Kendrick Lamar's excellent new album To Pimp a Butterfly is a complex and reflective album that uses samples to highlight the context in which it was created. It works bits of Sly and the Family Stone, Michael Jackson, the Isley Brothers, and James Brown into its narrative. A staticky flutter from Sufjan Stevens' Age of Adz track "All for Myself" even shows up on "Hood Politics." That might seem like an odd choice at first, but both Lamar and Stevens are incredibly strong lyricists who often find source material in their faith.
In any case, it got me thinking about samples in general and how some are so slight you might never pick them up without a good ear and some luck. We already knew "Change the Beat" was the most sampled song ever, but what about the next 19 tracks? This playlist is not definitive (I pulled info from Who Sampled) but it's something like definitive. If Kanye drops a surprise album tonight, this could change by tomorrow.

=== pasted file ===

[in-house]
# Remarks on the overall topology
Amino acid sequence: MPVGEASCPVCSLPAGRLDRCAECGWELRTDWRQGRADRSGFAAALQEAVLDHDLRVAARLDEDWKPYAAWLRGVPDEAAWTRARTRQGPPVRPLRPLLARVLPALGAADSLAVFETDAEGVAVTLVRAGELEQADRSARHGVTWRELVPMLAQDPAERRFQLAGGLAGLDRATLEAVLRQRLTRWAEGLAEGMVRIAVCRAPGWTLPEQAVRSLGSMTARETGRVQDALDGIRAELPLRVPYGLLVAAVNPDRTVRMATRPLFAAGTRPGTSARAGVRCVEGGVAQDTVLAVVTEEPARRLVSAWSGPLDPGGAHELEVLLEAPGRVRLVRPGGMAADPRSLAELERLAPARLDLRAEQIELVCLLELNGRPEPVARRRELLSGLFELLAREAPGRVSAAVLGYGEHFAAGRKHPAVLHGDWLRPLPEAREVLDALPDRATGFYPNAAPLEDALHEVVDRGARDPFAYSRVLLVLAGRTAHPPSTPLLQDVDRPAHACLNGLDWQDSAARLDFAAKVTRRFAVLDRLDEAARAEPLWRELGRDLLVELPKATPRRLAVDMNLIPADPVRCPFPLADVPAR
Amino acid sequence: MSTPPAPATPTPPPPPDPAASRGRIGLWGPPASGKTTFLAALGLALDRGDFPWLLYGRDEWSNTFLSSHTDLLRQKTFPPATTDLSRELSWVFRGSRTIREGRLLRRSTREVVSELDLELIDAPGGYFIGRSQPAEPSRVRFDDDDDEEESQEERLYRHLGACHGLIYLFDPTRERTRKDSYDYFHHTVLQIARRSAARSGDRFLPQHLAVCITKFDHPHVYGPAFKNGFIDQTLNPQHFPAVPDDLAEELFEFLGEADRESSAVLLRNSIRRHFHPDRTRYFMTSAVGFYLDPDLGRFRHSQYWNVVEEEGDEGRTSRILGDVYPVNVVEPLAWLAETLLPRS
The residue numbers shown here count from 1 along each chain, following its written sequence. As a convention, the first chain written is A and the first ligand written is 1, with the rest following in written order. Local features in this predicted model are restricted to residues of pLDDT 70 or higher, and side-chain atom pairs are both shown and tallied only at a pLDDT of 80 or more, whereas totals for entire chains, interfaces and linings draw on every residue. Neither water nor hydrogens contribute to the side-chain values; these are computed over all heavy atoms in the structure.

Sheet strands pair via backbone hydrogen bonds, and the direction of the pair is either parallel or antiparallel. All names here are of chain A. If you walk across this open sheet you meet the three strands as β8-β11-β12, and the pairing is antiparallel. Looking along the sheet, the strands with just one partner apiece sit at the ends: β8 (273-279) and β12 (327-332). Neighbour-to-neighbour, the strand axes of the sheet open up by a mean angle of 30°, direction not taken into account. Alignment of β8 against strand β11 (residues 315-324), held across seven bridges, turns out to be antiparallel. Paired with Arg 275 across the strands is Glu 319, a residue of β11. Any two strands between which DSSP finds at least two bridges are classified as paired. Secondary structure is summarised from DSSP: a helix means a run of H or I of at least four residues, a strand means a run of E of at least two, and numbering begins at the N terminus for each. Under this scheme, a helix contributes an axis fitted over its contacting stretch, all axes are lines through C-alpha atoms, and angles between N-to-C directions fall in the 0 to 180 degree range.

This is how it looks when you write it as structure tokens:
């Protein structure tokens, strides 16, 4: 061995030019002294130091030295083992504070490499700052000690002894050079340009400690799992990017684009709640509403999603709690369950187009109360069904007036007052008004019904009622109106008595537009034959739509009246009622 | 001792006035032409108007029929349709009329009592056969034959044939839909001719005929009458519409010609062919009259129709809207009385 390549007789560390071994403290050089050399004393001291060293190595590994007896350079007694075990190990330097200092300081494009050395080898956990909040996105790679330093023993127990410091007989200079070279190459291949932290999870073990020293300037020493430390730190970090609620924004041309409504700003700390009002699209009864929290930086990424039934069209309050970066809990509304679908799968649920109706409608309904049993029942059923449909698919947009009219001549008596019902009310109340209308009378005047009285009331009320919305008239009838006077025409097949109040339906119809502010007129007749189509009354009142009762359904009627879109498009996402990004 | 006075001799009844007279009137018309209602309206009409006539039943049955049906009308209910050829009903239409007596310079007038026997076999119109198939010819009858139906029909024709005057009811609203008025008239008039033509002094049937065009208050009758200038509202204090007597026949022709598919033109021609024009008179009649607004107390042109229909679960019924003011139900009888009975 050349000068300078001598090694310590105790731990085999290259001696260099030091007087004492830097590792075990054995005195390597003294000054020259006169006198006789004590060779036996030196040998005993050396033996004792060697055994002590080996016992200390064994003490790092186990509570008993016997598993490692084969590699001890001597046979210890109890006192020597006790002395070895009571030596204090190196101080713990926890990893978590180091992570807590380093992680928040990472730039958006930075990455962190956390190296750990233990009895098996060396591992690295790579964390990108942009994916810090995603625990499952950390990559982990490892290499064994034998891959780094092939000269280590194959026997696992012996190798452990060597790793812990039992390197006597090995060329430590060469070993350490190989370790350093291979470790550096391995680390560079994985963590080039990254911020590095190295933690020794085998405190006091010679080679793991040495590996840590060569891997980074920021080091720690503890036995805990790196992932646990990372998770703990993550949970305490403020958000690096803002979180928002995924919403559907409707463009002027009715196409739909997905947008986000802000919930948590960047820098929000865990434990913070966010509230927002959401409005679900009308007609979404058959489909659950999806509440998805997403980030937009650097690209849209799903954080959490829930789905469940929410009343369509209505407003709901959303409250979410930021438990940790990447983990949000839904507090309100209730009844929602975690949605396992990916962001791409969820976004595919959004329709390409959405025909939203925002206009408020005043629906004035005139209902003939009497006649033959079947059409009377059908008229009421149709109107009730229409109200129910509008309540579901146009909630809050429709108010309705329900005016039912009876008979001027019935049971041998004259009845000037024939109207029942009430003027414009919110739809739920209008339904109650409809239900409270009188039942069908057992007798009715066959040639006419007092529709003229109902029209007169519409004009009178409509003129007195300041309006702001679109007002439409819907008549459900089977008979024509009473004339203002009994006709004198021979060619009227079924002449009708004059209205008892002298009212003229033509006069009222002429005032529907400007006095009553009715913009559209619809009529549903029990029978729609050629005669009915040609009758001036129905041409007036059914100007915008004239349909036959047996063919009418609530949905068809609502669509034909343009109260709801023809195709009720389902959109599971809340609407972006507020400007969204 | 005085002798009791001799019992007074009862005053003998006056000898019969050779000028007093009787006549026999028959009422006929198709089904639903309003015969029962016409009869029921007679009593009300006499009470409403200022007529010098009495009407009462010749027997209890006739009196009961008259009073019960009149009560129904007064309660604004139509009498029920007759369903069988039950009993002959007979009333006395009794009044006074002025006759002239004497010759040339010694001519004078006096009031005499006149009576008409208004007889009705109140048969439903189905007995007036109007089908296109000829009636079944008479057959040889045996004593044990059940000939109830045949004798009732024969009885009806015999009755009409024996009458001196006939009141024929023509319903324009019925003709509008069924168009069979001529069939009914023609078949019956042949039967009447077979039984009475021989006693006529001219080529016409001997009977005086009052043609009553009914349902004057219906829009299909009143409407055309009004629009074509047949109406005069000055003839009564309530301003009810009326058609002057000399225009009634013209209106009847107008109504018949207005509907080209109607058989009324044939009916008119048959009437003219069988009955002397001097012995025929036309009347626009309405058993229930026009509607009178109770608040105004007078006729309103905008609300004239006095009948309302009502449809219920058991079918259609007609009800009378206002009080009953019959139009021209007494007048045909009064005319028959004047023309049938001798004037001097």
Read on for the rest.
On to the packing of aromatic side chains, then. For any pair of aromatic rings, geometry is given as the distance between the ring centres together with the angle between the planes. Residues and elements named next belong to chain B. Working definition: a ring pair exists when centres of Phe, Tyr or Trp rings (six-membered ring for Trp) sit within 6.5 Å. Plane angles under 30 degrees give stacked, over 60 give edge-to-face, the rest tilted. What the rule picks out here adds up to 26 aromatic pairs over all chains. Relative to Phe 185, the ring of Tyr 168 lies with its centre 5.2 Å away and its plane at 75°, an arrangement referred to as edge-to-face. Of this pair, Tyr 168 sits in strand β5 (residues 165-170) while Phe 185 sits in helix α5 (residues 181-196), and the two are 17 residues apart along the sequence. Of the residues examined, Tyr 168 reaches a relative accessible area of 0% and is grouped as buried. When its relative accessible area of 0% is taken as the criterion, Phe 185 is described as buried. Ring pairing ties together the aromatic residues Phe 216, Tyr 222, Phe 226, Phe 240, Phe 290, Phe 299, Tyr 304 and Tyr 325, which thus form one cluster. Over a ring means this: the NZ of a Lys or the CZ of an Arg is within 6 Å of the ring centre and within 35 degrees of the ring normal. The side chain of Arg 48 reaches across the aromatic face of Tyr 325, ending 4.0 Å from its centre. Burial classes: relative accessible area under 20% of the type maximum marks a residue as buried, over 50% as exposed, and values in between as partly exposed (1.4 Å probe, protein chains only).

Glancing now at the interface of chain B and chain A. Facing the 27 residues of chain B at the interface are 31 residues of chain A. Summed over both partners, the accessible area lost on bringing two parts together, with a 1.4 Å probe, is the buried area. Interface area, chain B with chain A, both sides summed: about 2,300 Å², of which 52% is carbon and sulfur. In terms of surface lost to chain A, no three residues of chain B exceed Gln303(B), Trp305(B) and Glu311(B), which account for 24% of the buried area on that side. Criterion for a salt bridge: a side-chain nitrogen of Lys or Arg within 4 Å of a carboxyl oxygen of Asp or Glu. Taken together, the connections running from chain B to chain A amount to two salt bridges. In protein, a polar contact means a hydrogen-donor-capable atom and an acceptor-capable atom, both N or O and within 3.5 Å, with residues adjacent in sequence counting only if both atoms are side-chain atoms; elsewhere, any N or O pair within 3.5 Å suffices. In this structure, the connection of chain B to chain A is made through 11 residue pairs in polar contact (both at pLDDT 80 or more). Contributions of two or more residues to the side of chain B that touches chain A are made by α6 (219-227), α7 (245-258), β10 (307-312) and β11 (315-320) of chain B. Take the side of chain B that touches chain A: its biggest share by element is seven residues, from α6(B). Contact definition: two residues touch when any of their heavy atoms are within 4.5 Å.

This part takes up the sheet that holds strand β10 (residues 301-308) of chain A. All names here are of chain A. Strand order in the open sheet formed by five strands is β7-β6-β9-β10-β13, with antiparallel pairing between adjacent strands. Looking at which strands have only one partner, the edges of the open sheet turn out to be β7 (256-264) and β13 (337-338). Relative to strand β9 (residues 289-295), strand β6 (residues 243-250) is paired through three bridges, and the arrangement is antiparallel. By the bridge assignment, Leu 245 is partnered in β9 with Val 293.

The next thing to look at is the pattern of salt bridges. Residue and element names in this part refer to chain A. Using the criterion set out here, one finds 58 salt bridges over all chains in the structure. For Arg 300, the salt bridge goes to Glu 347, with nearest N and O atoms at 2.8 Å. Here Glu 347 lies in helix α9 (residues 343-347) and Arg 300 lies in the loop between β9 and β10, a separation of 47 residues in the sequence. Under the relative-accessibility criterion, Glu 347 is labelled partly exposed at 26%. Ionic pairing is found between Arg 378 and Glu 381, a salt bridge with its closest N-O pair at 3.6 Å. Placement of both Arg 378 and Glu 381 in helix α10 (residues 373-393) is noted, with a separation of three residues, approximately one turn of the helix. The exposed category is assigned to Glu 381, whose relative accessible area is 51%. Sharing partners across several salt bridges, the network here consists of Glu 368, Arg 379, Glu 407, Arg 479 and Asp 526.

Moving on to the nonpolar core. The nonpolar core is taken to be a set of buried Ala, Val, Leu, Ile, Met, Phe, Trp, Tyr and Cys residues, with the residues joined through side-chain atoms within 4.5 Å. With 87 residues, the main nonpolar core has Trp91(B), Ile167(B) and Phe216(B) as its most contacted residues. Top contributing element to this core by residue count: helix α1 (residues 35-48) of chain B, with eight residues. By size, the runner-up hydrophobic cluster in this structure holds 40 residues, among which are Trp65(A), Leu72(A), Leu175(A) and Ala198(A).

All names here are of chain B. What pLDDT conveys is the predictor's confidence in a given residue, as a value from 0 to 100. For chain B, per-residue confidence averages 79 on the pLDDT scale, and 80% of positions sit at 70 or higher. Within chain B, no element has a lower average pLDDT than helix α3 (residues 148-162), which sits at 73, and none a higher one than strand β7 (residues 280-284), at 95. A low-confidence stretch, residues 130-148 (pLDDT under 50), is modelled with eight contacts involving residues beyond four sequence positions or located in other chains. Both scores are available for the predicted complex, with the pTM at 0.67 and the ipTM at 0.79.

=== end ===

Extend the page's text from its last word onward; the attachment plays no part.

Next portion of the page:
This playlist excludes three songs not on Spotify: Melvin Bliss' "Synthetic Substitution," the Honey Drippers' "Impeach the President," and Funk, Inc.'s "Kool is Back."
- Fab 5 Freddy - Change the Beat
- The Winstons - Amen, Brother
- Lyn Collins - Think (About it)
- James Brown - Funky Drummer
- Slick Rick and Doug E. Fresh - La Di Da Di
- James Brown - Funky President (People it's Bad)
- Public Enemy - Bring the Noise
- Run-DMC - Here We Go (Live at the Funhouse)
- Mountain - Long Red
- The Mohawks - The Champ
- Skull Snaps - It's a New Day
- ESG - U.F.O.
- Bobby Byrd - Hot Pants
- Incredible Bongo Band - Apache
- Bob James - Take Me to the Mardi Gras
- Afrika Bambaataa and Soulsonic Force - Planet Rock
- Sly & the Family Stone - Sing a Simple Song
- James Brown - The Payback
- James Brown - Get Up, Get Into it, Get Involved
- The Soul Searchers - Ashley's Roachclip